Disclaimer No. 1: I am technically not a mother. However, I am a respectful-to-others human being and a stepmom to two teenagers, which gives me all the credentials I need to weigh in on this matter.
Hot Bird, a bar in the Clinton Hill section of Brooklyn, has done the unthinkable: It’s pissed off the mommy brigade, you know, those hip, the-world-and-sidewalks-and-subways-are-just-for-me-and-my-hip-brilliant-baby-genius-gigantic-stroller-pushing women.
What has the bar done that was so bad? Via a sign that states, “Children are not allowed,” Hot Bird has banned children from being in the establishment.
“There was a time when there were too many people bringing small children here,” one bartender said in the New York Post yesterday. “It became an issue. So we put up the sign.”
Naturally, because the world is their oyster only, this did not sit well with moms who frequent the bar. One took to a mom message board to post: “Hotbird no longer allows babies/toddlers/kids, so I wanted to spread the word, before you go and get kicked out.”
I’m sure that’s just the beginning of what will be an endless bevy of moms complaining about “discrimination,” and maybe they’ll even stage a protest outside Hot Bird. Can’t you just picture the moms out front shouting, “Hell, no, MY kid can go!” as they hold up artisanal D-I-Y signs with one arm and hoist their Salt Water-sandal-wearing tots on their hip with the other. Disclaimer No. 2: I am writing this whilst wearing a pair of silver Salt Waters.
Now allow me to Cliff Note this for you just for emphasis: A bar has banned children.
As we’re all fully aware, the drinking age in New York — and the entire country, mind you — is 21. Not 21 months, so what the hell were children doing at Hot Bird to begin with?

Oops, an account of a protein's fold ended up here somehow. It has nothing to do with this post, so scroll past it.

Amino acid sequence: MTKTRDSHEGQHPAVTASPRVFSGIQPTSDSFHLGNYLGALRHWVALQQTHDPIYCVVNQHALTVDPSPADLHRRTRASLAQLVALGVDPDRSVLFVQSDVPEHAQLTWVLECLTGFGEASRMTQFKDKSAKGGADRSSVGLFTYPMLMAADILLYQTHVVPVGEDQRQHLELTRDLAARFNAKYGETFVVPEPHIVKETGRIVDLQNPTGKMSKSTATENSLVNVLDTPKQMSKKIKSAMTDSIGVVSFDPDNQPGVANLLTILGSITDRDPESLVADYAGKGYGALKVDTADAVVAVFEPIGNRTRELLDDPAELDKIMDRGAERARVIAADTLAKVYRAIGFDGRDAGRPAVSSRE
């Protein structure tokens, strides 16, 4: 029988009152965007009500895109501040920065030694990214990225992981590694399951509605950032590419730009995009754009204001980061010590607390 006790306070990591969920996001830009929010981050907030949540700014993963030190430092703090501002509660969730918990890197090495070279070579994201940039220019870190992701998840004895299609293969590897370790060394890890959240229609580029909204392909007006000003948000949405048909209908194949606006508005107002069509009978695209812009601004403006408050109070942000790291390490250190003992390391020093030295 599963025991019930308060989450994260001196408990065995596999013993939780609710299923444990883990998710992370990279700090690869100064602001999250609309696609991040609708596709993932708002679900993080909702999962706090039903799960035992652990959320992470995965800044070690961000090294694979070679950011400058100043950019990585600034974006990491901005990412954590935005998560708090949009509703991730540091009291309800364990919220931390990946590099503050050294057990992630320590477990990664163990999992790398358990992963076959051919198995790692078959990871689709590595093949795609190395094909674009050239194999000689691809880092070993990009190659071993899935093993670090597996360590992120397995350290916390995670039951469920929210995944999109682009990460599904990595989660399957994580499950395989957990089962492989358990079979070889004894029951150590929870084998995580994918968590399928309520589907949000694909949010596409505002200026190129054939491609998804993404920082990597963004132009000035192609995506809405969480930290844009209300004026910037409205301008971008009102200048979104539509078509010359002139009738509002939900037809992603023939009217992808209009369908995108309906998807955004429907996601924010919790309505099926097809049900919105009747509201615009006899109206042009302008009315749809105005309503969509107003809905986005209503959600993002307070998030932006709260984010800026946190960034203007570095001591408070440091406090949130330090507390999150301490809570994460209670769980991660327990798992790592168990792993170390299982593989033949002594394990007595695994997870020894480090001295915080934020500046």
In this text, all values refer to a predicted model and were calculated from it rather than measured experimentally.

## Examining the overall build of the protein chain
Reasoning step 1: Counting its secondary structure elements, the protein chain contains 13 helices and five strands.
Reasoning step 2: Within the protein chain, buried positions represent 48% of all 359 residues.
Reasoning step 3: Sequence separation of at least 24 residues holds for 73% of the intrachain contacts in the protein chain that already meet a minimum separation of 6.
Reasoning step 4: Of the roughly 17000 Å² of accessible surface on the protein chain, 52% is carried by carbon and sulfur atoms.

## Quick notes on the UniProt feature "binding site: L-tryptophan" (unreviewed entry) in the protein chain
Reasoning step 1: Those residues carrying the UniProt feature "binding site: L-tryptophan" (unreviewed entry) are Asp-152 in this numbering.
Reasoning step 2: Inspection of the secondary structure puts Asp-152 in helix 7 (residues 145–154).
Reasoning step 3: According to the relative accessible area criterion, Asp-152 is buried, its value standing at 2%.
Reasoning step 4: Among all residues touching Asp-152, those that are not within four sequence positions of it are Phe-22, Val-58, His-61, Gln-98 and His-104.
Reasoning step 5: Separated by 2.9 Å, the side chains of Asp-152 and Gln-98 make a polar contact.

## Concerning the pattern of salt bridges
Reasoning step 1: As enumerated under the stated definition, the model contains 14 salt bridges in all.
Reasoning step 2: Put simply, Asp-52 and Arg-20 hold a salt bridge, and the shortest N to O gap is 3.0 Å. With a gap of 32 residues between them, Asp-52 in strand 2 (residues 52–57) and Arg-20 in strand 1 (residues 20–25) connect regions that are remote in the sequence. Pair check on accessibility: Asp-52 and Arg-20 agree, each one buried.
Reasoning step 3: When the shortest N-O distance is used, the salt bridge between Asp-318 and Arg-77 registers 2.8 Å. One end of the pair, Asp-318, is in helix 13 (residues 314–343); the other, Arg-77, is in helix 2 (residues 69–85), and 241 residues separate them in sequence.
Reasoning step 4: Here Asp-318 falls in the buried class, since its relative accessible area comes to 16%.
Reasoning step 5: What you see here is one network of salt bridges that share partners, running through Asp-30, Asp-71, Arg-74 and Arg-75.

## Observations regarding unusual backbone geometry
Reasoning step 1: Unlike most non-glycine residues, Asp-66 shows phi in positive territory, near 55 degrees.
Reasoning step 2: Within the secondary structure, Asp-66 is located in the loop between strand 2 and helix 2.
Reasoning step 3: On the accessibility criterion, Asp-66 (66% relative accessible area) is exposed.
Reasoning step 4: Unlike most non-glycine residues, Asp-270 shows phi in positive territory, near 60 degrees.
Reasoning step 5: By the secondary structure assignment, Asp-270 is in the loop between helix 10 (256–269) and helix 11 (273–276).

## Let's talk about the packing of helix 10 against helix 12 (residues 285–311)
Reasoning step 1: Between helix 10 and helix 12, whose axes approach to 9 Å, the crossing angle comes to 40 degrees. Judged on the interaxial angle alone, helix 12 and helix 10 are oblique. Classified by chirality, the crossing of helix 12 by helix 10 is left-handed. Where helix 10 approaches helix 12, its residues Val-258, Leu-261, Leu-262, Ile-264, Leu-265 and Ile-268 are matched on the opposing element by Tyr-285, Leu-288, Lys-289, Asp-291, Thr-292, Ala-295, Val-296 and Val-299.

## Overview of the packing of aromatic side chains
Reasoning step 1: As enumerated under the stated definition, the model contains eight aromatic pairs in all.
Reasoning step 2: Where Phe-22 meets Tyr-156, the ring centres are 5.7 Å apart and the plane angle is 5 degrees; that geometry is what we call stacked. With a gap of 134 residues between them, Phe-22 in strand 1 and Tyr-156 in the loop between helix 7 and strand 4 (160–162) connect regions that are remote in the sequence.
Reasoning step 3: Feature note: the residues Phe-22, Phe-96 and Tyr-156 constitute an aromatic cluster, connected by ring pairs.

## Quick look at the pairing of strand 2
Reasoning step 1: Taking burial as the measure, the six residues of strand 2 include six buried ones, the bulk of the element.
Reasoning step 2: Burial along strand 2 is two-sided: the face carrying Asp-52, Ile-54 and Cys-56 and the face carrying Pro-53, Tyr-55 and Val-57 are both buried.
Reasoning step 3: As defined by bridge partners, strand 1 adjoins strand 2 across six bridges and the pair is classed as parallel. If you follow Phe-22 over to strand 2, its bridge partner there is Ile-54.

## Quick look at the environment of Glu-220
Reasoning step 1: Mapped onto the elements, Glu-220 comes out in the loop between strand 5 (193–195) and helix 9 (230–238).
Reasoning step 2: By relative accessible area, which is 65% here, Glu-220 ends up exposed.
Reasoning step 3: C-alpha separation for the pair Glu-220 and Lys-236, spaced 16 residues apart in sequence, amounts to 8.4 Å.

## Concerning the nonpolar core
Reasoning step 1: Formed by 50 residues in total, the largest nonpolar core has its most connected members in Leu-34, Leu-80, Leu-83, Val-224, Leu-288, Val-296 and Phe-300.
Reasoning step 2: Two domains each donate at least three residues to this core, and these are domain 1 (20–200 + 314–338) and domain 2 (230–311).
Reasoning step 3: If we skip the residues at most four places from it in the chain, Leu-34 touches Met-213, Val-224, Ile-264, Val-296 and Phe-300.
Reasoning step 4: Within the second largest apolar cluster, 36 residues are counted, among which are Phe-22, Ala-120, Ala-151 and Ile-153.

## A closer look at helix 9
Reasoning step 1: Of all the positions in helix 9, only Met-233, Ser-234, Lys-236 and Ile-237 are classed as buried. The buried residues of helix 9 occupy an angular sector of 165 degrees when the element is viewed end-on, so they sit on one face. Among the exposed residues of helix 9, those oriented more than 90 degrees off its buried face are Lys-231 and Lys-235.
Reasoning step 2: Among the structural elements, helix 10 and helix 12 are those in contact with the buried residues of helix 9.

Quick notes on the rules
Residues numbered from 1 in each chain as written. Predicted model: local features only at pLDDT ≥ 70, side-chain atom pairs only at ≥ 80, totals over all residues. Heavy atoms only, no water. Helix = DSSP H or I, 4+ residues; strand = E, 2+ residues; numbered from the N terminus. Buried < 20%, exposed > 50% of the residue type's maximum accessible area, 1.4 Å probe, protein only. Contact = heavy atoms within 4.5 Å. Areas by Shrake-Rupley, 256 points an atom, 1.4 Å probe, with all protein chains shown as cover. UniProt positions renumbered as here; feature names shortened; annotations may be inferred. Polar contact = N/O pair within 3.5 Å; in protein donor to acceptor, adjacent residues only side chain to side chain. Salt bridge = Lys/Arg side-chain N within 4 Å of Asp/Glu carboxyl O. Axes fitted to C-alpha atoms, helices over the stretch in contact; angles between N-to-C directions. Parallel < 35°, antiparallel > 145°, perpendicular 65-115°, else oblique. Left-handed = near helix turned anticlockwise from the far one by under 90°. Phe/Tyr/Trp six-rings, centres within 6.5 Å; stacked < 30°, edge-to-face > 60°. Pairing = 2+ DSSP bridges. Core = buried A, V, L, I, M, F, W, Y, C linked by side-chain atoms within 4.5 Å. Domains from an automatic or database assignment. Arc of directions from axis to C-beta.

And don’t give me that, “I’m a parent, and I deserve a night out/a drink/fun.” I totally agree that you do, parenthood is fucking hard/exhausting/unending, as I’ve learned since discovering that I do, in fact, have a maternal side since becoming a stepmom. I’m sure you need a drink more than just about anyone I know; however, doing so with your kid in tow at a bar where there are people who maybe A) are not parents or B) are and left their children at home where they belong is not the place for it.
Sure, you might be the kind of parent who thinks you’ll just die if you aren’t able to hover over and talk to 11-month-old Kale like he’s an adult as you have your beverage of choice, but do you really want your child to be around people who are drinking, cursing, making out and God knows the kind of debauchery we all have found ourselves in on probably more than one occasion in a drinking establishment such as Hot Bird?
The sheer logic of my statements is almost mind-blowing, I know, but you can’t get pissed off about it, moms. You get way more perks in life (I’m specifically talking about your tax breaks just so you know) than those of us who have not put another mouth to feed or future douche bag into the world, and are welcomed with open arms at so many places, so leave the bars alone.